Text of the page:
Just a note to those that are attempting or have attempted Raw feedings:

It has been my experience with our adult bengals, that they don't care for raw beef in the least bit. Some of them will nibble at it, others turn away in disgust. Some will eat fully cooked premium steak cuts though! (Yeah, they aren't getting those too often, )
The kittens who are weaning will eat raw beef pretty readily, but not with the same gusto as rabbit or chicken.

It would appear that our cats like to eat what they might be able to hunt down in the wild. Do they realize they can't take down a cow in real life? I dunno, but there must be something to it. They don't care much for Ostrich either....another beast that wouldn't sucumb to an attack by a cat

Rabbit
Duck
Chicken

These are all favorites for them. Rabbit being the number one paws up choice.
Jamie likes beef, rabbit and lamb. He generally won't eat any type of poultry, unless it's mixed with fish. ZsaZsa will sometimes eat chicken, but no other poultry.
post #69 of 74
Quote:
Originally Posted by Kai Bengals
I don't think the poll itself is biased. The poll offers choices for members to vote on the topic of feeding the raw diet. When I created the poll, I just wanted yes or no answers, but I threw in a couple of other choices as well.
Please, no offense intended here, but since this is a poll, I'll pitch in with some thoughts...

I greatly respect your dedication to providing what you feel is the best for your cats, but the poll does seem a little biased to me - it offers the "yes" option and several "no" options, but the no options all come with attached reasons, as though they're "excuses" for not feeding what you consider the only acceptable food. That's where I think the comments about bias in the poll may have come from.

Raw meat diet: not enough scientific validity to support use

I'm not saying commercial foods are ideal either - but IMO they are fine as an option, and the owner who feeds commercial shouldn't feel like he/she must make excuses for not feeding raw.

I also have some concerns about how truly complete a raw diet is. A wild or feral cat's diet consists largely of insects, lizards and squirrels - birds and rabbits are sometimes caught by the best hunters, but not very often. Certainly domestic cats don't go out and catch chickens, ducks and cows. And when they eat their prey, they eat the 'gross' stuff too - whenever my former outdoor cat Oreo caught a white-winged dove, the only thing he left behind was beak, feet, and feathers. My feral girl frequently catches lizards, and leaves only the tails behind (I have no idea why she never eats the tails -maybe they're her trophy?). Do the meats and supplements provided in a raw diet account for that? (this question isn't meant critically - I'm honestly curious).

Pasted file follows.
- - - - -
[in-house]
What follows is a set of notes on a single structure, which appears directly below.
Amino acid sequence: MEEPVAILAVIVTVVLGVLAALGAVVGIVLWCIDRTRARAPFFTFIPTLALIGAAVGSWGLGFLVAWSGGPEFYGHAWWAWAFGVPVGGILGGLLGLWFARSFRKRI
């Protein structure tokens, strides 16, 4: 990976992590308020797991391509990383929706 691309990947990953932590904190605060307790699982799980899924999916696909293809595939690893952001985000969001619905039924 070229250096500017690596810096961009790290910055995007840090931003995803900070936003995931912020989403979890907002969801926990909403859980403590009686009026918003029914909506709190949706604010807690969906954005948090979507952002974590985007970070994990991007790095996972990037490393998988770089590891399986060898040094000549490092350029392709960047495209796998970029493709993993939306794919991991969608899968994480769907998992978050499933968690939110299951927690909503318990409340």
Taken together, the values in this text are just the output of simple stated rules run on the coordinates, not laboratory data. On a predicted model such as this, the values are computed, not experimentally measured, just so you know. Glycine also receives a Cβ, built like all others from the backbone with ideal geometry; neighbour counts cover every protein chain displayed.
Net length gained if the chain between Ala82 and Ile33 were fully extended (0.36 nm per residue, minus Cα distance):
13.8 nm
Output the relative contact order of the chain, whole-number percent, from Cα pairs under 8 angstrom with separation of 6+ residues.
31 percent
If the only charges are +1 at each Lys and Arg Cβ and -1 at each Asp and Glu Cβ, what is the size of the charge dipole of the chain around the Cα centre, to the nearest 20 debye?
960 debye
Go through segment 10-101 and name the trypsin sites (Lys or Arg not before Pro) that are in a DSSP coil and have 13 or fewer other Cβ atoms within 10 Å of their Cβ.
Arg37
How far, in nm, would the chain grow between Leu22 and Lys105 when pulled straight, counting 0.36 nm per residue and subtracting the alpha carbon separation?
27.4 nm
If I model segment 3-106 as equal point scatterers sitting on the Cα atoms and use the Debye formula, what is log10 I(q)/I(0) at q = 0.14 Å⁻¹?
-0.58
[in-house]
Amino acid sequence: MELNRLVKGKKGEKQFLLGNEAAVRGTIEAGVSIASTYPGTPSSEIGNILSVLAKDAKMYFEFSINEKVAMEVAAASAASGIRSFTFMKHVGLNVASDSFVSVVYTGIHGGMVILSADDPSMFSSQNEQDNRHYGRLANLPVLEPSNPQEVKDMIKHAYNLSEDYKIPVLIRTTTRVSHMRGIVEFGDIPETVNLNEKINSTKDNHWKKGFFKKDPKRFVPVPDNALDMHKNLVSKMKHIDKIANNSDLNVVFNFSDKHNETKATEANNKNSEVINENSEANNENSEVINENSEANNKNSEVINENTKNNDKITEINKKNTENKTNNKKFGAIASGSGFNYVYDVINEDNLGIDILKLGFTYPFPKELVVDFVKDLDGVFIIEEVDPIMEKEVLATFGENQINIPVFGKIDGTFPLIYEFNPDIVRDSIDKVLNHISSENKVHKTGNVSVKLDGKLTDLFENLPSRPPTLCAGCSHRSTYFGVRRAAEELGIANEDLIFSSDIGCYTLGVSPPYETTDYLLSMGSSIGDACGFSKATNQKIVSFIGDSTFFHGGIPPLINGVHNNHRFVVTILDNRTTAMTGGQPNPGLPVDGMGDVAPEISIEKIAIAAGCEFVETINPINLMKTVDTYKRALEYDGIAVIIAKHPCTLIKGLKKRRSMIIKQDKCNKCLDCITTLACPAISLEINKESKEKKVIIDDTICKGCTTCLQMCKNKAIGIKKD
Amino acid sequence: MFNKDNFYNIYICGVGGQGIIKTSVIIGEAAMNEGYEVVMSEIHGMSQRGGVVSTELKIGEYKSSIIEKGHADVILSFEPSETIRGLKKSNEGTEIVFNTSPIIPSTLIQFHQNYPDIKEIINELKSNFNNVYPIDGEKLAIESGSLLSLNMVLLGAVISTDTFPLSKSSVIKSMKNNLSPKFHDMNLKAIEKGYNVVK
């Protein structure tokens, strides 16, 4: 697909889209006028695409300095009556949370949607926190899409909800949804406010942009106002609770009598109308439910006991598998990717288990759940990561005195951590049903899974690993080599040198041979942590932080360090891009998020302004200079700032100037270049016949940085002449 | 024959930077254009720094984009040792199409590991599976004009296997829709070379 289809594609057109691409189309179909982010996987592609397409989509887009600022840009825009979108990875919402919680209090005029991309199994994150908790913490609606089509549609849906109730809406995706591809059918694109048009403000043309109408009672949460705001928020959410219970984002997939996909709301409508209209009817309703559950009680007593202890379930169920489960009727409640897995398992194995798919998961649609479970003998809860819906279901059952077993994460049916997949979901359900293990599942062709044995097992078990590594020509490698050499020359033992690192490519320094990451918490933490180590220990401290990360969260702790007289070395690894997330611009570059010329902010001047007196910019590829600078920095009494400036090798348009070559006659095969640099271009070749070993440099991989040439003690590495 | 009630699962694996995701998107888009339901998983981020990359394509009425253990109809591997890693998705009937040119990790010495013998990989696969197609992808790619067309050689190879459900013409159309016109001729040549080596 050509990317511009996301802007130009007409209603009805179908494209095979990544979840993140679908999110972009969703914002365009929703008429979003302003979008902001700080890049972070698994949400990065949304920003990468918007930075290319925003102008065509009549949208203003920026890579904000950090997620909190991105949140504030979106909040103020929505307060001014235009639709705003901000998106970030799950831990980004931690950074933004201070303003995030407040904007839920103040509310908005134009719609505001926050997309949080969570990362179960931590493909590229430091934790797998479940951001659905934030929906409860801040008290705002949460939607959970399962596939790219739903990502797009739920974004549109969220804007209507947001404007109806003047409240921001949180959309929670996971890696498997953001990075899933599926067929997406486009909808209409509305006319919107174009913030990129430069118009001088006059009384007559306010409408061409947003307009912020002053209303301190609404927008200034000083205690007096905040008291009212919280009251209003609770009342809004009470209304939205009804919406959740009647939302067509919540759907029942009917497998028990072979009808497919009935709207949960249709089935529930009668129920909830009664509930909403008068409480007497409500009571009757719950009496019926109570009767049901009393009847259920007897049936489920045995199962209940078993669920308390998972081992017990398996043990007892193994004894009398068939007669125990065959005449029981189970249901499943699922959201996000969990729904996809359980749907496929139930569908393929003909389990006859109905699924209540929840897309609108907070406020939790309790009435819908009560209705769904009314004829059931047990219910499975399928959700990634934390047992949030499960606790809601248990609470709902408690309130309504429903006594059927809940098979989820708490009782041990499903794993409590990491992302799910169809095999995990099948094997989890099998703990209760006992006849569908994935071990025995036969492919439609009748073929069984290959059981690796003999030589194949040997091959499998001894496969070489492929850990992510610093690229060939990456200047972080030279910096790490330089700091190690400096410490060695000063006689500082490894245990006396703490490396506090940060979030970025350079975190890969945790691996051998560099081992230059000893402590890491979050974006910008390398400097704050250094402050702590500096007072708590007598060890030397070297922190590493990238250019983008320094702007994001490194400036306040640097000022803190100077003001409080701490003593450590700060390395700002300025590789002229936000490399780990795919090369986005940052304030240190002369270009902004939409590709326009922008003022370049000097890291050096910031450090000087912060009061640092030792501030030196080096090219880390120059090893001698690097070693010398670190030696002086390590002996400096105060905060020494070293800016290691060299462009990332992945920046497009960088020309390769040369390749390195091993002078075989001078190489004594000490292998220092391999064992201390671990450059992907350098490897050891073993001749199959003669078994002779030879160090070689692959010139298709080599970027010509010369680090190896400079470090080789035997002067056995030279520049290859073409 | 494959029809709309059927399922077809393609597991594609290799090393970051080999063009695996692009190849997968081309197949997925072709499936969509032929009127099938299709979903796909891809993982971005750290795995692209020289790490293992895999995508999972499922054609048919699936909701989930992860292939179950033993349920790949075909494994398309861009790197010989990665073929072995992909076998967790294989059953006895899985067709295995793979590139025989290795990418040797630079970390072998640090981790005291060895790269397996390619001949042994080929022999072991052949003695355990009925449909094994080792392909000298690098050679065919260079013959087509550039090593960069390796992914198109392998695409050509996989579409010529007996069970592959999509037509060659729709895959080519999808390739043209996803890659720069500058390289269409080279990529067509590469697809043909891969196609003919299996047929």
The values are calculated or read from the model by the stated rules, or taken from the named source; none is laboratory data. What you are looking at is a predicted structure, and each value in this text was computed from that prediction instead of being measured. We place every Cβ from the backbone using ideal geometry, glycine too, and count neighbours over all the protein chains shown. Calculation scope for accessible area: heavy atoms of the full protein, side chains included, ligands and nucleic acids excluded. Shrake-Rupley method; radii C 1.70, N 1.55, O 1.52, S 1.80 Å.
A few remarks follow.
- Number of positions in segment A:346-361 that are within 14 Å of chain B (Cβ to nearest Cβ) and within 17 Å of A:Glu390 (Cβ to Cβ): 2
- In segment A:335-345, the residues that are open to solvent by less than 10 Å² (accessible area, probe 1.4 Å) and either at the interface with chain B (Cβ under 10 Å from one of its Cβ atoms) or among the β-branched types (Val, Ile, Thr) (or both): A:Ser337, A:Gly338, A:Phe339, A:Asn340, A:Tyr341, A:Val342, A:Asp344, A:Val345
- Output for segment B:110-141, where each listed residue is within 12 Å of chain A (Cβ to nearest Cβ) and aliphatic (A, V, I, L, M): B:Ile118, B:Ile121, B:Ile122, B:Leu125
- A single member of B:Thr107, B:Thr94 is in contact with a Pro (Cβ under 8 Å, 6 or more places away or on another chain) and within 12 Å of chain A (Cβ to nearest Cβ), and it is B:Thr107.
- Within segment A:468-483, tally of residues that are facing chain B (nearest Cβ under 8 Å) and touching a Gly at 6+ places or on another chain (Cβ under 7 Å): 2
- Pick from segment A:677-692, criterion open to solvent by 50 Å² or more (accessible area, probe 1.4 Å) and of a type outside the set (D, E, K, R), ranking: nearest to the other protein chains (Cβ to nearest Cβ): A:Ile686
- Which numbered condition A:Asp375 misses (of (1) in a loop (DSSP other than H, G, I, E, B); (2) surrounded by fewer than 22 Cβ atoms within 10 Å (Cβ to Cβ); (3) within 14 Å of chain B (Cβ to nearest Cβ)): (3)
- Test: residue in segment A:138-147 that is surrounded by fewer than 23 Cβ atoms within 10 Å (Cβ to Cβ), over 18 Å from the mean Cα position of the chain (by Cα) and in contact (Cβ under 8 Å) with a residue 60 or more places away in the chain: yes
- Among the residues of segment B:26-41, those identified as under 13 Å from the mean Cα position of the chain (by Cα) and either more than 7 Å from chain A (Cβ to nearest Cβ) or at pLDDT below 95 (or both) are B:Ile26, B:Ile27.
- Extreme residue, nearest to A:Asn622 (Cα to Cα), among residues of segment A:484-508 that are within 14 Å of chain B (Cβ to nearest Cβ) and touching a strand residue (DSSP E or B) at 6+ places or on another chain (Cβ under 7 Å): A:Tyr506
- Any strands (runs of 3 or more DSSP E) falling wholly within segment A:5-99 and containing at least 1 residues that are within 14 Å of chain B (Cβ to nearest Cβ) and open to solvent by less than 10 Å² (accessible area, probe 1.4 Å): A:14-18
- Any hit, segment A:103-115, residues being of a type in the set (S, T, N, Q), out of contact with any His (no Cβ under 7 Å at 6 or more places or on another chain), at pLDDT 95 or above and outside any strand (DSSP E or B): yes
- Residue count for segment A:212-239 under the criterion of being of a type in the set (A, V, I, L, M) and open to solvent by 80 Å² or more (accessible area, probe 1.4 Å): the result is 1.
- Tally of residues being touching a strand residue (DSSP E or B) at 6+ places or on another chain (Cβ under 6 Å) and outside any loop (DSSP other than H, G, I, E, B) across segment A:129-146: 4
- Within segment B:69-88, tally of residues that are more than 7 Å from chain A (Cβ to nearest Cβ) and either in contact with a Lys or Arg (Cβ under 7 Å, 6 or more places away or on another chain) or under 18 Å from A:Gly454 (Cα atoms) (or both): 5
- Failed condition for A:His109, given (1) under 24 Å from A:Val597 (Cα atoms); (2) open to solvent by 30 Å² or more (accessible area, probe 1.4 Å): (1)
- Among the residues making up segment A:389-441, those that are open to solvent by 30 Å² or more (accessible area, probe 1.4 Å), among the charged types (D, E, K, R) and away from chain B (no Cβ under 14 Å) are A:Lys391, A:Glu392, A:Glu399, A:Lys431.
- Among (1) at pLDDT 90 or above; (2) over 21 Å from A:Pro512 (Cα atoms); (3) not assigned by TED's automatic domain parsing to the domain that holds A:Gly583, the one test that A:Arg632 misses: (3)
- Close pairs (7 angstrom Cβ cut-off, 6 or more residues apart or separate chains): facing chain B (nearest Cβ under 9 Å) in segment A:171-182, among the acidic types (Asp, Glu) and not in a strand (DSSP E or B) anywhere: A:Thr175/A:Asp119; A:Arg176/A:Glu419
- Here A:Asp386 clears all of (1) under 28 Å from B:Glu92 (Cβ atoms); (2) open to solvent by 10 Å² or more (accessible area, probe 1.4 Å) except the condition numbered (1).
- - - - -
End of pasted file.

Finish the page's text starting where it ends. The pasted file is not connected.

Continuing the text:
For anyone who is seriously considering rabbit hunting for raw meat for their cats (or for people whose cats hunt mice, for that matter), don't forget that they're a source of tapeworms.

As far as salmonella goes, I may be wrong but it's my understanding that cooking kills salmonella - which would mean that canned & dry prepackaged foods would not carry salmonella (unless they were contaminated after being cooked), but raw meat definitely can.

Raw Food Diets: Popular pet diet may pose significant health risks for you and your pet


Quote:
Originally Posted by Kai Bengals
Do I think everyone should feed their cat a raw diet? Yes I do, but not without learning the facts first and doing it correctly.
I agree that people feeding a raw diet should definitely do their research & make sure their cat(s) get all the necessary nutrients. I'm pleased to see that those on this board who advocate raw diets take the time to provide resources and information to those who are interested.

Safer handling of raw pet food meatFDA Issues Final Guidance on Raw Meat for Animals

That said, I don't think everyone should feed their cat a raw diet - personally, I'd say get your vet's opinion first. If you're seriously considering raw & your vet dismisses the idea without giving you reasons, then look for a holistic vet - especially if your cat is on a prescription food. But please don't change your cat's diet without a vet's approval.

One of my cats is on a prescription diet, and I have no intention of going against my vet's advice for his food. The others (all of my cats are senior) are doing well and are quite healthy on a high-quality commercial food, and I see no reason to mess around with something that's been working well for us.



post #70 of 74
Thread Starter 
Quote:
Originally Posted by tuxedokitties
Please, no offense intended here, but since this is a poll, I'll pitch in with some thoughts...

I greatly respect your dedication to providing what you feel is the best for your cats, but the poll does seem a little biased to me - it offers the "yes" option and several "no" options, but the no options all come with attached reasons (none of which I feel really apply to me), as though they're "excuses" for not feeding what you consider the only acceptable food. That's where I think the comments about bias in the poll may have come from.